HealthDay News — A standardized set of outcome measures, published online May 9 in JAMA Facial Plastic Surgery, has been designed to evaluate the quality of care provided to pediatric patients with facial palsy.

Daniel P. Butler, M.D., from the Great Ormond Street Hospital in London, and colleagues developed a standardized outcome measurement set for pediatric patients with facial palsy through a working group of 21 health care experts and patient representatives as well as external reviewers. Eighty-three papers were included for qualitative evaluation.

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The working group designed a standard set of outcome measurements to allow for recording of outcomes after all forms of surgical and nonsurgical facial palsy treatments among pediatric patients. Using the standard set, unilateral or bilateral, congenital or acquired, permanent or temporary, and single-territory or multiterritory facial palsy can be evaluated. Functional, appearance, psychosocial, and administrative outcomes were included. Clinical and psychometric outcome measurement tools were established, as were time points for measuring patient outcomes. The standard set was independently reviewed 86 times. Overall, 85 percent of patients and patient representatives and 96 percent of health care professionals agreed that the set would capture the outcomes that matter most to pediatric patients with facial palsy.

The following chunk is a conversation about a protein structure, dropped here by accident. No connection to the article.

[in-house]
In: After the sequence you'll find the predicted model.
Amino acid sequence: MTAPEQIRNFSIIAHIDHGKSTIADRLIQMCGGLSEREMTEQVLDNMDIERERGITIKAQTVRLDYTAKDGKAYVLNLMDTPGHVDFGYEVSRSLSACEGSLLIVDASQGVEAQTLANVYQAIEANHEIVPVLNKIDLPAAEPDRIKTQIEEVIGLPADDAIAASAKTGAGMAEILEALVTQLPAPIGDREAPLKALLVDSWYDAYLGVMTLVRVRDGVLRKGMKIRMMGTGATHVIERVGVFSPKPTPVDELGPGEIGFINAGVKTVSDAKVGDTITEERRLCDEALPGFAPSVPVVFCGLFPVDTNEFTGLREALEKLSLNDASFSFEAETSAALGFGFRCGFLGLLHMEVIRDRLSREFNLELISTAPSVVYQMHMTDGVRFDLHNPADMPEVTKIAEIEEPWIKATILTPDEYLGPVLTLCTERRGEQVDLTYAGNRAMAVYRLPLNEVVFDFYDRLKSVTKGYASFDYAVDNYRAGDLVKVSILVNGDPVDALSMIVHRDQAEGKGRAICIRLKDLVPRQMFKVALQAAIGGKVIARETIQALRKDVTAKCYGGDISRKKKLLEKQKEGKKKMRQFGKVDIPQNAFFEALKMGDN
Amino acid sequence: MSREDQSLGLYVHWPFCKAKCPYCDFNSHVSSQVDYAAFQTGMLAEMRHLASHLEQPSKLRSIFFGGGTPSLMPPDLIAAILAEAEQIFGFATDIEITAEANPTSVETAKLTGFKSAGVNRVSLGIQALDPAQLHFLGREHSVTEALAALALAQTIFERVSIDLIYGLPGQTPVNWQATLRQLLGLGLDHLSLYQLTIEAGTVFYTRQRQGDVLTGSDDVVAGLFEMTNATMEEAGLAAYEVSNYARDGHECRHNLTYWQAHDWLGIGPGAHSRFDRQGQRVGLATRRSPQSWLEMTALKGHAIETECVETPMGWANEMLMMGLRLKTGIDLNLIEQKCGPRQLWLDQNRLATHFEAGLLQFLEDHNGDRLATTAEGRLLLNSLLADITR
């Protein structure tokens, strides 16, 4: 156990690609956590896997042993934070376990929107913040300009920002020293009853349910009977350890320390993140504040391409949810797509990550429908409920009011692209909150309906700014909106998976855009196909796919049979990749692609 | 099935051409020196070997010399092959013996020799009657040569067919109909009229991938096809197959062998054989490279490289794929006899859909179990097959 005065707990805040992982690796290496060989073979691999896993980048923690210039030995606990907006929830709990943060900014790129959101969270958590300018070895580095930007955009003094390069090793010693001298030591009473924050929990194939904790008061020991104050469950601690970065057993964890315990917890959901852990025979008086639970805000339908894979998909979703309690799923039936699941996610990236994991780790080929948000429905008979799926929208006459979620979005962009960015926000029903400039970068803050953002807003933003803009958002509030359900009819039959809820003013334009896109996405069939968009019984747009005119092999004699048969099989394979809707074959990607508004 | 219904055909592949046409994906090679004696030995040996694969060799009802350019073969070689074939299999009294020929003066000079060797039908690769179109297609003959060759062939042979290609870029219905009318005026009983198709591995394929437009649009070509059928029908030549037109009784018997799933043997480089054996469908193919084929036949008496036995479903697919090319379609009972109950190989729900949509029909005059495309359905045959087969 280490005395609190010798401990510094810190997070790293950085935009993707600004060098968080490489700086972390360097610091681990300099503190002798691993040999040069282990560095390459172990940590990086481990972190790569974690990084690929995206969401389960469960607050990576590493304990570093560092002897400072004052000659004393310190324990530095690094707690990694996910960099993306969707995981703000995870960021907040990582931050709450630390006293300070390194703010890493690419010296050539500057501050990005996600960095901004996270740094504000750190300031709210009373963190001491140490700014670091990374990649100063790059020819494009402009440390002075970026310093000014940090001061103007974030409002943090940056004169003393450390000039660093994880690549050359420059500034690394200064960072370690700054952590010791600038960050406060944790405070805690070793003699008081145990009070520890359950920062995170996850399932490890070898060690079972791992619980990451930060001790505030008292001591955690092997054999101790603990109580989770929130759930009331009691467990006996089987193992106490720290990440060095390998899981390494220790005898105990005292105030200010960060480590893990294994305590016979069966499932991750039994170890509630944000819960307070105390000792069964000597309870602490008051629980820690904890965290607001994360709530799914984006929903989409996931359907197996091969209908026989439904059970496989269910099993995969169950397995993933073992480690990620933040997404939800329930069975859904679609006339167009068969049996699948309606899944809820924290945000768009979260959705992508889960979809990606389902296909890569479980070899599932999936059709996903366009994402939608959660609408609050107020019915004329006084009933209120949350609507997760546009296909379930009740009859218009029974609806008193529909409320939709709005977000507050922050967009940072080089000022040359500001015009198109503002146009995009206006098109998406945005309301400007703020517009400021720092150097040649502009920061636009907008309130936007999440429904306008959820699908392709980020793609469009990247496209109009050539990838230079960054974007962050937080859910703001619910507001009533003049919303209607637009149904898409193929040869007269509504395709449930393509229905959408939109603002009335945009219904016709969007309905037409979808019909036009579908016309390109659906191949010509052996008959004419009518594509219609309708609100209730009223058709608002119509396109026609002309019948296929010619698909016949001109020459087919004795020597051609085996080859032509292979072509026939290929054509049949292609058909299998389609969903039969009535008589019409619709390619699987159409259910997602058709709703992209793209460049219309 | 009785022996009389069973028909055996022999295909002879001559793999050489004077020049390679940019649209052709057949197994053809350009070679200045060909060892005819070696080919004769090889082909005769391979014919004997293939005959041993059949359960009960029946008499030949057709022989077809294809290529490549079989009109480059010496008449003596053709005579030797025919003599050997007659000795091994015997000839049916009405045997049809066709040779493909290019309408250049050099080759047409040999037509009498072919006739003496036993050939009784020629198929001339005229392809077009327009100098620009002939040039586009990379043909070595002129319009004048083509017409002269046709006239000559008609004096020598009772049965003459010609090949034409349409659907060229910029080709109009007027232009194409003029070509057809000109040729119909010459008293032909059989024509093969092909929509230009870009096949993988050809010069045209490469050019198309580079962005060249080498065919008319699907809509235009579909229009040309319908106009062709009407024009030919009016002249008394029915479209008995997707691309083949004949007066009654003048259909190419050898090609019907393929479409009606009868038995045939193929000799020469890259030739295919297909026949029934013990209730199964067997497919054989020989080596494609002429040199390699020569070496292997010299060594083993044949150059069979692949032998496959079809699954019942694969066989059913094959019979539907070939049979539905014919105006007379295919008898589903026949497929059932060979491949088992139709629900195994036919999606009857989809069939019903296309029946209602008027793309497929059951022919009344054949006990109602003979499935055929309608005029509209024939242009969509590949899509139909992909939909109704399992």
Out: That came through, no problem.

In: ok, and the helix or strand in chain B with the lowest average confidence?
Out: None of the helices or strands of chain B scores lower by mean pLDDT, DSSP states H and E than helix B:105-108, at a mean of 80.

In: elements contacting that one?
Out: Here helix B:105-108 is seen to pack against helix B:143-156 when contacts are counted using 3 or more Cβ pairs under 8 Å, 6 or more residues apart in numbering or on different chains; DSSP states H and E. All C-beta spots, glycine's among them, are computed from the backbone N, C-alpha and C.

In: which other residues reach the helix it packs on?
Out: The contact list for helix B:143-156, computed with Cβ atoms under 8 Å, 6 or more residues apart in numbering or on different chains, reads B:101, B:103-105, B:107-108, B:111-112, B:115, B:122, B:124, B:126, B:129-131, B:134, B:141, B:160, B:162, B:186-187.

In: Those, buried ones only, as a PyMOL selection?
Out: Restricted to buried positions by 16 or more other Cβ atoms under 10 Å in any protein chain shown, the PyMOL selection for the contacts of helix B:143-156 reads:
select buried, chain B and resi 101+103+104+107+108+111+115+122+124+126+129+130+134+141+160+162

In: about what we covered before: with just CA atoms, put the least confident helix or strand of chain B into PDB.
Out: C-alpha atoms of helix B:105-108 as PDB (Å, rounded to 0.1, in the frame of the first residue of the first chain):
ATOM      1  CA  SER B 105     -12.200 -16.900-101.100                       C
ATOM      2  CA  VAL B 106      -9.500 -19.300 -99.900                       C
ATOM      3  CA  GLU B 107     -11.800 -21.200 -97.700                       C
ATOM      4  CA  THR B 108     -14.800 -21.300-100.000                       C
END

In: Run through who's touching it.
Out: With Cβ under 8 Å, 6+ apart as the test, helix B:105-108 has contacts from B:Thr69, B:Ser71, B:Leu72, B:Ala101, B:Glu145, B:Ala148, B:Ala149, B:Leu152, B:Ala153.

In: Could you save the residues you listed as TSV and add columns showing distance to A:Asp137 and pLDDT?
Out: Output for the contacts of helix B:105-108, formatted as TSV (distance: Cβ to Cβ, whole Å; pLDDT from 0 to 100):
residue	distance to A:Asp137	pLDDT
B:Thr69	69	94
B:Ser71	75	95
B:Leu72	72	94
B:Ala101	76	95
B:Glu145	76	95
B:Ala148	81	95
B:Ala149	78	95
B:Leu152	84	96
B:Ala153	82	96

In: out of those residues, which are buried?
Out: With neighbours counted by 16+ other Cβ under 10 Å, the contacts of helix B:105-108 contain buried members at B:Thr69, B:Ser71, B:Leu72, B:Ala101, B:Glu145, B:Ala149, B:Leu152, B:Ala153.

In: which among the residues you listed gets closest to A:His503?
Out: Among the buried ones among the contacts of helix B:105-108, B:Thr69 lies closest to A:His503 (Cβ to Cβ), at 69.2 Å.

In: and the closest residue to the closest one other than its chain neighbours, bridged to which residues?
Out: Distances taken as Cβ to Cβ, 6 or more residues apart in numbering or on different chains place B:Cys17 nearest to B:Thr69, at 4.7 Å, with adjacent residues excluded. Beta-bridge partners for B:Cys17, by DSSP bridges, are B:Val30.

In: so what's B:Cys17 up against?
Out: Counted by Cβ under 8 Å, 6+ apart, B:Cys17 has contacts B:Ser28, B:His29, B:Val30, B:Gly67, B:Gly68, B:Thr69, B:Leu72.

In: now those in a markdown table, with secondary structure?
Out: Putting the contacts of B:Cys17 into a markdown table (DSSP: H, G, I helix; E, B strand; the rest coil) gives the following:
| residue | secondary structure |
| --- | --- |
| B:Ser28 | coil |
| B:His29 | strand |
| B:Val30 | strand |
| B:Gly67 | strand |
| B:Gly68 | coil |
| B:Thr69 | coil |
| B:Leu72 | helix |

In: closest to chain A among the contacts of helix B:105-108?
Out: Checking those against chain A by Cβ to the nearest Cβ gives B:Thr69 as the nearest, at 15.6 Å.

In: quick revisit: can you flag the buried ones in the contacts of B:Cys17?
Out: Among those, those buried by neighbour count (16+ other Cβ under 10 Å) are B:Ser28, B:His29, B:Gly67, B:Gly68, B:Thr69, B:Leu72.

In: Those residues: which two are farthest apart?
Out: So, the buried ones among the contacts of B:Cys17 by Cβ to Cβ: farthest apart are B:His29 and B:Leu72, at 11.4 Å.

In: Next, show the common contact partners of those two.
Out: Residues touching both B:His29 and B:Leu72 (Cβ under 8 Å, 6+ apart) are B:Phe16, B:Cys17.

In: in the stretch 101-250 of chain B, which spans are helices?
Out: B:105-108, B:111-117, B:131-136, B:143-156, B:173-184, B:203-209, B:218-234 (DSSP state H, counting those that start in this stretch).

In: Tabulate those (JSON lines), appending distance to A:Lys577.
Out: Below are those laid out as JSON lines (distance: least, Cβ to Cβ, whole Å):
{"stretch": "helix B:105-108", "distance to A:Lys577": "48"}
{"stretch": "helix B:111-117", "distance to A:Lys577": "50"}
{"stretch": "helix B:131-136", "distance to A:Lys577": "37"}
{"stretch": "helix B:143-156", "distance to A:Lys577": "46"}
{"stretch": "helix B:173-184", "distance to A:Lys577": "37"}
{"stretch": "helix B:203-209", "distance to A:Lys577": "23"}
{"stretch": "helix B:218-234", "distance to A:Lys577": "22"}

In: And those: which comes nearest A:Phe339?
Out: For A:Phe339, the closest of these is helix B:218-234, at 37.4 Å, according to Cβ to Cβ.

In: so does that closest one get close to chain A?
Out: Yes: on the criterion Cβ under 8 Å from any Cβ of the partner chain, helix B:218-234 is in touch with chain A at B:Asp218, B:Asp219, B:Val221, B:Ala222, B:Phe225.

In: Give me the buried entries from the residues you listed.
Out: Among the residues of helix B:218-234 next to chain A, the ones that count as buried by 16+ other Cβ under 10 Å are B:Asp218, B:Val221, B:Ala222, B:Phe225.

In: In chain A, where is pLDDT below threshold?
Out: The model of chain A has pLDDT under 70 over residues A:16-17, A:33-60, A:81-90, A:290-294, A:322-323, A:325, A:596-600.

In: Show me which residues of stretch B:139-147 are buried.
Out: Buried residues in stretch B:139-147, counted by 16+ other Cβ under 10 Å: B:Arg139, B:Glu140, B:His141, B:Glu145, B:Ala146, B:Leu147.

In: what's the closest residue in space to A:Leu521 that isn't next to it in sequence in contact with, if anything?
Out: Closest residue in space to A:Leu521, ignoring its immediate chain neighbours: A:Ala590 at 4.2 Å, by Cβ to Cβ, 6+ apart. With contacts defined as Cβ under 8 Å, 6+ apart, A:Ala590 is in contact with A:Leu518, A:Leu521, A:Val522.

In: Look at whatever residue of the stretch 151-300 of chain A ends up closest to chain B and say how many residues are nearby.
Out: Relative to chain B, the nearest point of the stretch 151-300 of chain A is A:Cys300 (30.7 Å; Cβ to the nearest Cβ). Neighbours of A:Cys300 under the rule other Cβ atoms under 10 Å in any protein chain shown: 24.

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“This set may help allow the benchmarking of clinicians, comparison of treatment pathways, and the introduction of value-based reimbursement strategies within the field of pediatric facial palsy,” the authors write.

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